To clean the gravel, you’ll need a siphon. Remove the fish from the tank as a safety precaution and begin siphoning the gravel. You should remove debris from the gravel, as well as water. Clean the gravel as much as needed before slowly reintroducing the fish into the tank.
Remember not to replace too much water at a time, which may reduce how clean you can get the gravel. You may have to do several sessions over a few days to get your gravel clean again.
5. Reduce Feeding
Your fish should not be overfed. If you provide your fish with too much food, you risk some food not getting eaten. The uneaten food floats to the bottom of the tank, where it rots and releases more ammonia. To reduce the amount of ammonia in your tank, you may need to reduce the amount of food you provide.
Different fish species have different feeding patterns. However, typically, fish should only be given as much food as they can eat in a couple of minutes. If you notice a bunch of food floating to the bottom of the tank, it’s a clear sign that you’re overfeeding.
It’s almost always better to do a few smaller feeding sessions daily rather than one extensive session. However, again, take the exact species into account. Some fish don’t need to be fed daily at all.
6. Act Early and Test Often
Once your ammonia levels reach a certain point, it becomes much more challenging to bring them back down. Therefore, monitoring your water conditions is vital to prevent things from going past the point of no return before you even realize it.
Ammonia is an inescapable part of owning a fish tank. However, it should remain at a manageable level. If it’s rising too quickly, it may indicate underlying issues – like overfeeding or dirty gravel. Either way, you won’t realize there is an underlying problem unless you’re testing your water regularly.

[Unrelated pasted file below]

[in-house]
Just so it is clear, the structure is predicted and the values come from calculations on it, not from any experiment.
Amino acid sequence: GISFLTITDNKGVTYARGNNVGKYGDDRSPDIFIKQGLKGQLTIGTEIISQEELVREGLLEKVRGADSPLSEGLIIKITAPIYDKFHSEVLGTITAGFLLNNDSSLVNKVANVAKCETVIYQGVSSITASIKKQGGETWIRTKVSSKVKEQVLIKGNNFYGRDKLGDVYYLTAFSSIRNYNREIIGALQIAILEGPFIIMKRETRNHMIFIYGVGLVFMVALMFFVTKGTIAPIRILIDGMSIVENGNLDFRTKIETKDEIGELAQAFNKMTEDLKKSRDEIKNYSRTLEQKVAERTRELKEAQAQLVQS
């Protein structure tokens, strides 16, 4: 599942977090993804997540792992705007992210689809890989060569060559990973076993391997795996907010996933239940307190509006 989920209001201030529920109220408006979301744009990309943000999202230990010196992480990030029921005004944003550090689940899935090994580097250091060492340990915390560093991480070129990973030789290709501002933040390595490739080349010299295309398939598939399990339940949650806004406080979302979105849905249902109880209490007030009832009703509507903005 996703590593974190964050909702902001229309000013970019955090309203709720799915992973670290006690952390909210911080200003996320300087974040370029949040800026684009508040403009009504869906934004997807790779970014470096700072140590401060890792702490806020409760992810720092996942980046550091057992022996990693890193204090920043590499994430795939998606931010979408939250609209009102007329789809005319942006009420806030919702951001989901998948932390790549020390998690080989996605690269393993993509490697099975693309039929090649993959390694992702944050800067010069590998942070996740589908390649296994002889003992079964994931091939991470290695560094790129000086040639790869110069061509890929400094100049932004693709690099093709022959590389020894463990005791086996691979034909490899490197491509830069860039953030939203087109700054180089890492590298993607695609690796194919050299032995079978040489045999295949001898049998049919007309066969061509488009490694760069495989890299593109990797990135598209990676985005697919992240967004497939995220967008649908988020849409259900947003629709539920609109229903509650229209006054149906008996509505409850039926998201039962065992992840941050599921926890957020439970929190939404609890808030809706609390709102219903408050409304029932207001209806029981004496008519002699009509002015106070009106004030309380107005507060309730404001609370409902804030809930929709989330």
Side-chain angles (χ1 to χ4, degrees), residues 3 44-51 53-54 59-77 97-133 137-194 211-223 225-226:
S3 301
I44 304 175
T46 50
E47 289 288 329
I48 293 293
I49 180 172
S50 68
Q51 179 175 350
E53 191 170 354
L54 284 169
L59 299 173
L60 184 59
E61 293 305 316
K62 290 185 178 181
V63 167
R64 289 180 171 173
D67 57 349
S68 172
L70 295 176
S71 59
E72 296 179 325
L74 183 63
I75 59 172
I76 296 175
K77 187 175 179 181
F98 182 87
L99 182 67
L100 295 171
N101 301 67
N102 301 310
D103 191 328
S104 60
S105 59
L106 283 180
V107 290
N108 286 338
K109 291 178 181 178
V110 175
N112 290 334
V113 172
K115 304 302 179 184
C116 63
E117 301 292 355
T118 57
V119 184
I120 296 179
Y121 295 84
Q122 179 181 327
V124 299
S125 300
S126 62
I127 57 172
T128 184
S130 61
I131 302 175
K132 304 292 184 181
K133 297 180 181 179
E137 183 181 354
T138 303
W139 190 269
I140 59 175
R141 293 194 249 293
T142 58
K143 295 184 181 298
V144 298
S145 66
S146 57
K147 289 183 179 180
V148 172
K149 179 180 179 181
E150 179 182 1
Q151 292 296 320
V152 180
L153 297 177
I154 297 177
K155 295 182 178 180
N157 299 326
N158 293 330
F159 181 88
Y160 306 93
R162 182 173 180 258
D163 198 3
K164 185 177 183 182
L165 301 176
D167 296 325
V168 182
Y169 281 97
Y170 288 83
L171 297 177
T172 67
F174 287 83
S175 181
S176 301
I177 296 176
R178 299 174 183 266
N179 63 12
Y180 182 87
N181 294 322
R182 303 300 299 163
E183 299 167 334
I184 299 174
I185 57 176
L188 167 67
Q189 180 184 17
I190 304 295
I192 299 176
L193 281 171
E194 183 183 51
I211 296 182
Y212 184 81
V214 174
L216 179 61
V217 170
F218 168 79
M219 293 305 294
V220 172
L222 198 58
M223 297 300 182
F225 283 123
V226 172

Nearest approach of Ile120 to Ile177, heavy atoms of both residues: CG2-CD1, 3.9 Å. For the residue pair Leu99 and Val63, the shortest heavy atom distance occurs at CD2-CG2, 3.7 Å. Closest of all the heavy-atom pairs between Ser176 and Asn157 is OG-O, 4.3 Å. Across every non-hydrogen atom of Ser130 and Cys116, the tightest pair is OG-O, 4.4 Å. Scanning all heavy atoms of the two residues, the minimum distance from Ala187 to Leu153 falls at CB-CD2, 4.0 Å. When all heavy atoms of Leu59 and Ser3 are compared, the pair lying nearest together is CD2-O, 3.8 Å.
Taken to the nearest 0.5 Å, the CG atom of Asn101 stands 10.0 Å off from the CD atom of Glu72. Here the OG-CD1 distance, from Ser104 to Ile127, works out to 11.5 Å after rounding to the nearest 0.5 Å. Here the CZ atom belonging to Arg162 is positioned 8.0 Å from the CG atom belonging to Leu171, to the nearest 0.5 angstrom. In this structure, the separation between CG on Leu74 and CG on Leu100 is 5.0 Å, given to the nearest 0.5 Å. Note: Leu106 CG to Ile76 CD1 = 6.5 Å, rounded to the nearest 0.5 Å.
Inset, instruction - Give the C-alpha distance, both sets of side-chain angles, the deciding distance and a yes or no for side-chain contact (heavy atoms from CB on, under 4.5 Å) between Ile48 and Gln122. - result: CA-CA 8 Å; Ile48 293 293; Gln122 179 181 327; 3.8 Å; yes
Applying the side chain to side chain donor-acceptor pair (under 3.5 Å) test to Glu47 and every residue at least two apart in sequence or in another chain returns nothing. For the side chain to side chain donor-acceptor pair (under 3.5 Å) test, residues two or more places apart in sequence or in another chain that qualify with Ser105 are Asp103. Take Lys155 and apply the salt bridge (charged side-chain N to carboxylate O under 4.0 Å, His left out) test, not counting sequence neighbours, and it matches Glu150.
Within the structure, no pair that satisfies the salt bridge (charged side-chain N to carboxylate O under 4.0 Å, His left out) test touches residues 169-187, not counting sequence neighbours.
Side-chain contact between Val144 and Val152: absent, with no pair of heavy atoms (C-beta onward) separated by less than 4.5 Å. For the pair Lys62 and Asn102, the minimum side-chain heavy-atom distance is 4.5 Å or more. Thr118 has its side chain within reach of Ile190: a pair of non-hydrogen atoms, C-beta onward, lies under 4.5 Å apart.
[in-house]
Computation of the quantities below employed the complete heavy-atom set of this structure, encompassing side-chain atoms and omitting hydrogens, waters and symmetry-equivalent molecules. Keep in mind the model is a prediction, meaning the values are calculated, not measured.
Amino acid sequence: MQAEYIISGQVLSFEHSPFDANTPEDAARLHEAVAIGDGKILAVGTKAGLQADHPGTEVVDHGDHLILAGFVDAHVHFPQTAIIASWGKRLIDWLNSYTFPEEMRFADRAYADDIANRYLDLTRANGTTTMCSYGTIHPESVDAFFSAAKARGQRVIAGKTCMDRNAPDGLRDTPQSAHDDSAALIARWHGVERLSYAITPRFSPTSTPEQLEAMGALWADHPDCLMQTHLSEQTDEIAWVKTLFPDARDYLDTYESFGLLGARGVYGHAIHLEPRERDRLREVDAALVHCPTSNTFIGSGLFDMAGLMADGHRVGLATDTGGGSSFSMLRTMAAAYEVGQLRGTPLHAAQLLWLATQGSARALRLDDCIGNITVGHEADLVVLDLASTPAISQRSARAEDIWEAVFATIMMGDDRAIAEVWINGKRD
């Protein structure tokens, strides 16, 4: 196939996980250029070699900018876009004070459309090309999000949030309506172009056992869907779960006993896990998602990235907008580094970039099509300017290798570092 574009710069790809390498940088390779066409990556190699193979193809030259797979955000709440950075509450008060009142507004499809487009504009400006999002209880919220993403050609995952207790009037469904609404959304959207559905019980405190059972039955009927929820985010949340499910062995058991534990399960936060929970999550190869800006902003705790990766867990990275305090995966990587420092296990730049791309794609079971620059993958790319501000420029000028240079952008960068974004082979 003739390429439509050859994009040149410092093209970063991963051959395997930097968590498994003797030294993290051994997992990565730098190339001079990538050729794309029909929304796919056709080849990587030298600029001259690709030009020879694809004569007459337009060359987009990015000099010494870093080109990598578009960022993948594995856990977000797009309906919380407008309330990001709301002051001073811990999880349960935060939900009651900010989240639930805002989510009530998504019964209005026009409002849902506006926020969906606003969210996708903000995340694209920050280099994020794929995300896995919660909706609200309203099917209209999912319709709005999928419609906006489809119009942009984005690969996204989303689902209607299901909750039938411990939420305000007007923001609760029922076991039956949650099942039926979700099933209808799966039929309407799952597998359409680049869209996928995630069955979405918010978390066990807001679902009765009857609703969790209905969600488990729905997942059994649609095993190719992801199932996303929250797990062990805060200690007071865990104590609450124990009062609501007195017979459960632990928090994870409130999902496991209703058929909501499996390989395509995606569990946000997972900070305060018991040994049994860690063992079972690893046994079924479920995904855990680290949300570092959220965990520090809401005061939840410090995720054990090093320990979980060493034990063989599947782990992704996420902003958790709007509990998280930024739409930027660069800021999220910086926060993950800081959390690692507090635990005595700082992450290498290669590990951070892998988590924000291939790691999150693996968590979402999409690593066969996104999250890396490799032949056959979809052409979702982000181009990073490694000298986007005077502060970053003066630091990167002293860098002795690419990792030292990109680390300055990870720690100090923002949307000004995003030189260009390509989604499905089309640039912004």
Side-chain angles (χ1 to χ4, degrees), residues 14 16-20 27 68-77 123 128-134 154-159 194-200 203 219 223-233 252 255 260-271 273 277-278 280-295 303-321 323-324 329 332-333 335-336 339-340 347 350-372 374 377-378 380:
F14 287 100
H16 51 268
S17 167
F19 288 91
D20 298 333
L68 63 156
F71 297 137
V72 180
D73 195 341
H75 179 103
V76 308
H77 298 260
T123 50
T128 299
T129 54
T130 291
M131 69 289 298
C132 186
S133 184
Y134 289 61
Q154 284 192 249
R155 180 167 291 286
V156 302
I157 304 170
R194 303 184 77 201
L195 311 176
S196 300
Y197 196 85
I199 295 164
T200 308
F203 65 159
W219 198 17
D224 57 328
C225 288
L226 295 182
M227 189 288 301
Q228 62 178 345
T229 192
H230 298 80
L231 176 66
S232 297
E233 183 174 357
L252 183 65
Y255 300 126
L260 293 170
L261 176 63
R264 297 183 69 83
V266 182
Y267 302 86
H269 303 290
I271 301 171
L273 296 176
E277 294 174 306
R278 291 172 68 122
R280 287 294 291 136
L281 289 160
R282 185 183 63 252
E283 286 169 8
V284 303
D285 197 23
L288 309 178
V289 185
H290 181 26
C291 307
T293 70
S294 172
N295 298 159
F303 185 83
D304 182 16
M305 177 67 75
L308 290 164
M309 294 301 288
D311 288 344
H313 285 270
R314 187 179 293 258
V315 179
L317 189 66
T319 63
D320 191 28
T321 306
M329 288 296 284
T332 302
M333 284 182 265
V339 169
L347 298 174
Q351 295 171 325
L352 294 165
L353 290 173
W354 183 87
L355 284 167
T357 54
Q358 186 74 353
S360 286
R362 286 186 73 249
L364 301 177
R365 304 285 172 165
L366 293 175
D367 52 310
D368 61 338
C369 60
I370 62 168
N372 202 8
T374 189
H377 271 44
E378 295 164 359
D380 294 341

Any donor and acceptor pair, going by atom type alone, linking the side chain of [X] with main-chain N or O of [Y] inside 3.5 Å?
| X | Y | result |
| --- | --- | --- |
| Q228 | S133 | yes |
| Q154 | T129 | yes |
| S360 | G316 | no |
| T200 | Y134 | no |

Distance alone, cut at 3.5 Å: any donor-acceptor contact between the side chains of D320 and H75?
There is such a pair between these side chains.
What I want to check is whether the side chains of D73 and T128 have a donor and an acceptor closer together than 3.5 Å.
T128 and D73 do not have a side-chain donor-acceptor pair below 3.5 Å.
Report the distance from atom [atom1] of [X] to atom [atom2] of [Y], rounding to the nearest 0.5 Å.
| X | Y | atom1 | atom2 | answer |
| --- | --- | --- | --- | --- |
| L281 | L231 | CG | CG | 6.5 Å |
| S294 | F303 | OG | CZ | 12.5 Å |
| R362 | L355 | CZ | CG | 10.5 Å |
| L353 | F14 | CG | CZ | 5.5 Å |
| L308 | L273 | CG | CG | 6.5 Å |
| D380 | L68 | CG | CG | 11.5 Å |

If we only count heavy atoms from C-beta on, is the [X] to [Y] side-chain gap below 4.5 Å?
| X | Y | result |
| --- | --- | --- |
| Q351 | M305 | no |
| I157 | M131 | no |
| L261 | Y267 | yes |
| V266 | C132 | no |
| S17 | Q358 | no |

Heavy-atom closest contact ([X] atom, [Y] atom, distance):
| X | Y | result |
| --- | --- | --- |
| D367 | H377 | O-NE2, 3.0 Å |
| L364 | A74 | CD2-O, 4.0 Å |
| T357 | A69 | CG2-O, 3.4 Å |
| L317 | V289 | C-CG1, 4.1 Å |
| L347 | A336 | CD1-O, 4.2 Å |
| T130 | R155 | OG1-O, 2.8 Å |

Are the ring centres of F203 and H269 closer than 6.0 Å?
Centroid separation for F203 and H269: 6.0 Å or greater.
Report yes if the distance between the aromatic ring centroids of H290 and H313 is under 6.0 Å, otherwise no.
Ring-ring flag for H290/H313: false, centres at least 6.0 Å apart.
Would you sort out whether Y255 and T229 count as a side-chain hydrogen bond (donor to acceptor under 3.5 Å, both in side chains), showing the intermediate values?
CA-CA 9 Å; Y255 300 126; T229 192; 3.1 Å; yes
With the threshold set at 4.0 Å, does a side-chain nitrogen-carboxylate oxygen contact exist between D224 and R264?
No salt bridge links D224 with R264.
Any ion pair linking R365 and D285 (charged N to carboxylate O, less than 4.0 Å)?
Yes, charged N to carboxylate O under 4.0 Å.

We recommend testing your ammonia levels are least once a week. You’ll also want to test your nitrate and nitrite levels, which can help you promptly detect issues, as well.
Be sure to record your readings. Otherwise, you may find it hard to find patterns and identify underlying issues.
7. Add Beneficial Bacteria
Beneficial bacteria can help turn ammonia into less harmful chemicals. Often, these bacteria set up in your filter. However, it can take a while for them to get going. In the meantime, ammonia spikes can be expected.
You can speed up the process by “cycling” your tank before adding fish or plants. Simply put, this involves adding ammonia to your fish tank to encourage this bacteria to grow before the fish are ever added. You’ll need to test the water for ammonia levels until they start going down, thanks to the beneficial bacteria.
Cycling your tank is an extra step, and if you already have fish, then you can go back and cycle it. You can purchase live bacteria cultures that can help add this beneficial bacteria faster. However, these can be hard to find, and they aren’t foolproof.
When possible, it is always better to cycle your fish tank beforehand.
The photo featured at the top of this post is © Ladanifer/iStock via Getty Images